ehrlichiosis


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Related to ehrlichiosis: Human granulocytic ehrlichiosis

ehr·lich·i·o·sis

 (âr-lĭk′ē-ō′sĭs)
n.
Infection with parasitic rickettsiae of the genus Ehrlichia, especially E. sennetsu, that are transmitted by ticks and produce manifestations in humans similar to those of Rocky Mountain spotted fever, including rash, muscle pain, and fever.

[New Latin Ehrlichia, family name (after Paul Ehrlich) + -osis.]
American Heritage® Dictionary of the English Language, Fifth Edition. Copyright © 2016 by Houghton Mifflin Harcourt Publishing Company. Published by Houghton Mifflin Harcourt Publishing Company. All rights reserved.

ehr•lich•i•o•sis

(ɜrˌlɪk iˈoʊ sɪs)
n.
an infection caused by bacteria of the genus Ehrlichia, which are thought to be transmitted to humans and animals by ticks.
[after Paul Ehrlich]
Random House Kernerman Webster's College Dictionary, © 2010 K Dictionaries Ltd. Copyright 2005, 1997, 1991 by Random House, Inc. All rights reserved.
References in periodicals archive ?
Direct cultivation of the causative agent of human granulocytic ehrlichiosis. N Engl J Med.
Of all the blood tests your dog will have over the course of his lifetime, one that should always be done annually is the screening test for evidence of heartworm, Lyme disease, anaplasmosis, and ehrlichiosis.
The most common tick-borne diseases in the UAE are ehrlichiosis and anaplasmosis Image Credit: Shutterstock By Dr Kathleen Leguin, Practice Manager and Veterinary Surgeon, The City Vet Clinic
The CDC also noted a rise in cases of ehrlichiosis, an infection spread by the lonestar tick (common in the southeastern and south central regions).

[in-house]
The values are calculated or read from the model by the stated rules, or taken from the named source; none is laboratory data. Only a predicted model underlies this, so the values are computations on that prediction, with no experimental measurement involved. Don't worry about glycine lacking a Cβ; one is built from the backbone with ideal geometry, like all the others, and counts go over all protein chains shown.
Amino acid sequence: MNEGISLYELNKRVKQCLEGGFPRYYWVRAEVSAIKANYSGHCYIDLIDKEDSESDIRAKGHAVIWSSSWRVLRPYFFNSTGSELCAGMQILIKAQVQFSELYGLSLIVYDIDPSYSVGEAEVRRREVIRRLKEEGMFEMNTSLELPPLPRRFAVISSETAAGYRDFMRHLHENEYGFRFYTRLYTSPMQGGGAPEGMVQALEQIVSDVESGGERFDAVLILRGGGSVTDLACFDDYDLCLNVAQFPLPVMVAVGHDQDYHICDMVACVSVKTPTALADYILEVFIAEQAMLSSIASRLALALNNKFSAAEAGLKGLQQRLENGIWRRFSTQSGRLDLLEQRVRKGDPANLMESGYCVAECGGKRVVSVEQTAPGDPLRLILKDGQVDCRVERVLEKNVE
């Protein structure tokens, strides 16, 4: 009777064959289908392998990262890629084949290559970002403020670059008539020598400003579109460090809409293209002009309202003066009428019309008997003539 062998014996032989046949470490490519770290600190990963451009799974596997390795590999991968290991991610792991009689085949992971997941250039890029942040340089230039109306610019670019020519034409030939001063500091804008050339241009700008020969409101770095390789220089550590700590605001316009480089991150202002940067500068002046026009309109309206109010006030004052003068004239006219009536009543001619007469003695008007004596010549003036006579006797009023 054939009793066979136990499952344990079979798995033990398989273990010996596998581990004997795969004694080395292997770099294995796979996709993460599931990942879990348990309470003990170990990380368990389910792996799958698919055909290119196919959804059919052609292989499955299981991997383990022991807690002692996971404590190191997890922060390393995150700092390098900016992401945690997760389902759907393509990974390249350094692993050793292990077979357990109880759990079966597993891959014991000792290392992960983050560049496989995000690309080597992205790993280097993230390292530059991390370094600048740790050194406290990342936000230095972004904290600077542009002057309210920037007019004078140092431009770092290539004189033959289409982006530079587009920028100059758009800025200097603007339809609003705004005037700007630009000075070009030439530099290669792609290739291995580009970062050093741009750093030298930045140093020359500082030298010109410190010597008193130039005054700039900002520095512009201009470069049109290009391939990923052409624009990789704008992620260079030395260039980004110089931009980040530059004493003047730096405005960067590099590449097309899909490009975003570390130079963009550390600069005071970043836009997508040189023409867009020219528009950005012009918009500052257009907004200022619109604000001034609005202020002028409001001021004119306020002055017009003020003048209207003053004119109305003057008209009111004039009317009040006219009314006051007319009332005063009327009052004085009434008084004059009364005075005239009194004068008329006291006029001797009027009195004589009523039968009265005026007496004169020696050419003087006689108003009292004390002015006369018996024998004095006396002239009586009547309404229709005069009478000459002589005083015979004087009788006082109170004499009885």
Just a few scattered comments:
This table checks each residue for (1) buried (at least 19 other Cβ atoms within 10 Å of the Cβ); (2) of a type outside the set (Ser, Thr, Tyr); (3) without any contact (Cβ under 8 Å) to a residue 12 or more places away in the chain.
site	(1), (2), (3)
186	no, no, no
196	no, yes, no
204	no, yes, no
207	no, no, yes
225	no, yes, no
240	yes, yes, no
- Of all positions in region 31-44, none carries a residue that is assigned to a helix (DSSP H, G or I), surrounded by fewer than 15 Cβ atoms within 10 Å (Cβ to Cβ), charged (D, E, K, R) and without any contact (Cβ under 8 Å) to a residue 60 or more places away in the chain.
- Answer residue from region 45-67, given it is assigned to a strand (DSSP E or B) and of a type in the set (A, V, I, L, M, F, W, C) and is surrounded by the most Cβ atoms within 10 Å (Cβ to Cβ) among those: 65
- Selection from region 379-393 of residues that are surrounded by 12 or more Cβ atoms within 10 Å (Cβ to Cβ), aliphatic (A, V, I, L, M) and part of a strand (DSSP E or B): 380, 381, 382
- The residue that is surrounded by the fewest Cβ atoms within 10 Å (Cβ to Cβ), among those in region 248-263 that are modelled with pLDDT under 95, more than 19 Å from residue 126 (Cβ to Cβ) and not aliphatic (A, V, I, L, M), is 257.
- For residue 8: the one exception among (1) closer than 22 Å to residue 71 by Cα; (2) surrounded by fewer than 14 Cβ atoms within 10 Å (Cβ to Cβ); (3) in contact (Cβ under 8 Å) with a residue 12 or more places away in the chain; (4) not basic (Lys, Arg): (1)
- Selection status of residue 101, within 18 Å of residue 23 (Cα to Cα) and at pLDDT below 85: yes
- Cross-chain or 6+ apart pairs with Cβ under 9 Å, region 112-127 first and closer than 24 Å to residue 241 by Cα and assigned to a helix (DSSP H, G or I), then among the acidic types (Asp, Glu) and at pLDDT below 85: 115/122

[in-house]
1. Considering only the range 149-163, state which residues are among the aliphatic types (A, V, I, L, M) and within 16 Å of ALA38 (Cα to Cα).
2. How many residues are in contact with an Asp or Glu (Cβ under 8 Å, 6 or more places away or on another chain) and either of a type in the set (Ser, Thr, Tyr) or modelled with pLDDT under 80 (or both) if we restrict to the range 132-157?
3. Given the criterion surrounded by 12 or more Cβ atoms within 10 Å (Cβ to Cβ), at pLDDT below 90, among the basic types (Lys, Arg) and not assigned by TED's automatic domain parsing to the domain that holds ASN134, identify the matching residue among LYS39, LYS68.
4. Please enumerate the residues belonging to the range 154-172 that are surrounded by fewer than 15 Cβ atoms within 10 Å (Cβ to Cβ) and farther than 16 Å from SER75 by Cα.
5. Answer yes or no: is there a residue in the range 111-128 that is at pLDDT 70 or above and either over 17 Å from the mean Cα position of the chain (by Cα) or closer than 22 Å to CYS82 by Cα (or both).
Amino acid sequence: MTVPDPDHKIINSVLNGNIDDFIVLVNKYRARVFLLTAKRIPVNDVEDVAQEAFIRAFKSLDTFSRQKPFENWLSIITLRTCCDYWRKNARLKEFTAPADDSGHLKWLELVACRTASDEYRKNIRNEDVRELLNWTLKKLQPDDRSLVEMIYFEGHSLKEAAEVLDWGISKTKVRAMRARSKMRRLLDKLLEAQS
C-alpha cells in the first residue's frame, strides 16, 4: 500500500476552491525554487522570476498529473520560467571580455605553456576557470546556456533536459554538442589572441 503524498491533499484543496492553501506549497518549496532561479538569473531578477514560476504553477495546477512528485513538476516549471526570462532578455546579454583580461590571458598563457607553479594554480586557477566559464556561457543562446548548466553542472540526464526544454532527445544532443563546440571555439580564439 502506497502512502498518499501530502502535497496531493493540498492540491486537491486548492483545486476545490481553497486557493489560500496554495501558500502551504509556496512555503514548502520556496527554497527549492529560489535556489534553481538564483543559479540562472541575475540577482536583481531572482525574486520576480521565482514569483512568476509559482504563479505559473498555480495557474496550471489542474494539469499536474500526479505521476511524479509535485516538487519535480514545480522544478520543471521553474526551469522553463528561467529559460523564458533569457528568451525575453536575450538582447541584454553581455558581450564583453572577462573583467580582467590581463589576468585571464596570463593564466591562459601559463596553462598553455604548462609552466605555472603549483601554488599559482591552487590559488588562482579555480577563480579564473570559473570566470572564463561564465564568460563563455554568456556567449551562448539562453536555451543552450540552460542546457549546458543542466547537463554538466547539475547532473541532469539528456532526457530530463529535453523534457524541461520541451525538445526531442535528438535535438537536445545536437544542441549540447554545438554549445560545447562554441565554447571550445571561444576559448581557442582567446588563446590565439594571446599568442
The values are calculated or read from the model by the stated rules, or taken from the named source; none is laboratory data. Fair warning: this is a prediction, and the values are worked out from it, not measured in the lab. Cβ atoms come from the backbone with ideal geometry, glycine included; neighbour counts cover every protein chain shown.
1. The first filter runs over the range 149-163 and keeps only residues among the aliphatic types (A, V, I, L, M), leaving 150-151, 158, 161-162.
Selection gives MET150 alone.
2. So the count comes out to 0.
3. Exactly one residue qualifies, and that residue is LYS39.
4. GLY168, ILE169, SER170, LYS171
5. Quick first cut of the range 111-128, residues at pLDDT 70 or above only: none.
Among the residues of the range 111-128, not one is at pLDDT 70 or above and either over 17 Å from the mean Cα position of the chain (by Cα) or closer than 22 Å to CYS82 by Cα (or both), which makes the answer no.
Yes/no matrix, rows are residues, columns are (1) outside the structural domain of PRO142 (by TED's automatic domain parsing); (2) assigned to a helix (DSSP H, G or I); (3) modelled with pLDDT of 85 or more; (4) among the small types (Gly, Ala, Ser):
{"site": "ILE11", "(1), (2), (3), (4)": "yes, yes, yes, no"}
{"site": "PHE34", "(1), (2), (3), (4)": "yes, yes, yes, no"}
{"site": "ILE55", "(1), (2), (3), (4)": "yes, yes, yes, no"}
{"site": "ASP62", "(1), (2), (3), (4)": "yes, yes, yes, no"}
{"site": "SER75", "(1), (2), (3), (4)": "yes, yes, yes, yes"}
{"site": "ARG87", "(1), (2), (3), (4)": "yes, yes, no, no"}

Ehrlichiosis is one of the major tick transmitted diseases of dogs and can lead to a wide variety of clinical signs.
Other tick-borne diseases include Rocky Mountain Spotted Fever, babesiosis, ehrlichiosis, anaplasmosis, Powassan disease, tick-borne relapsing fever and tularemia.
Canine babesiosis and ehrlichiosis are two ticks borne parasitic and bacterial pathogen of dogs with zoonotic importance.
The hallmarks of symptomatic human monocytic ehrlichiosis (HME) include fever, headache, myalgia, nausea, malaise, transaminitis, and blood cell abnormalities.
The three Ehrlichia species have the potential of zoonotic transmission through vectors (monocytic canine ehrlichiosis, human monocytic ehrlichiosis, and canine granulocytic ehrlichiosis); although the role of the dog is not clear yet in the epidemiology of the disease in humans [2, 19-21].
Rickettsiae and related ehrlichial organisms are obligate intracellular bacteria carried by mites, fleas, ticks, and lice and are the agents of numerous tick-borne diseases found in Virginia, such as Rocky Mountain spotted fever (Rickettsia rickettsii), Tidewater spotted fever (Rickettsia parkeri), Human monotropic ehrlichiosis (Ehrlichia chaffeensis), and Ewingii ehrlichiosis (Ehrlichia ewingii).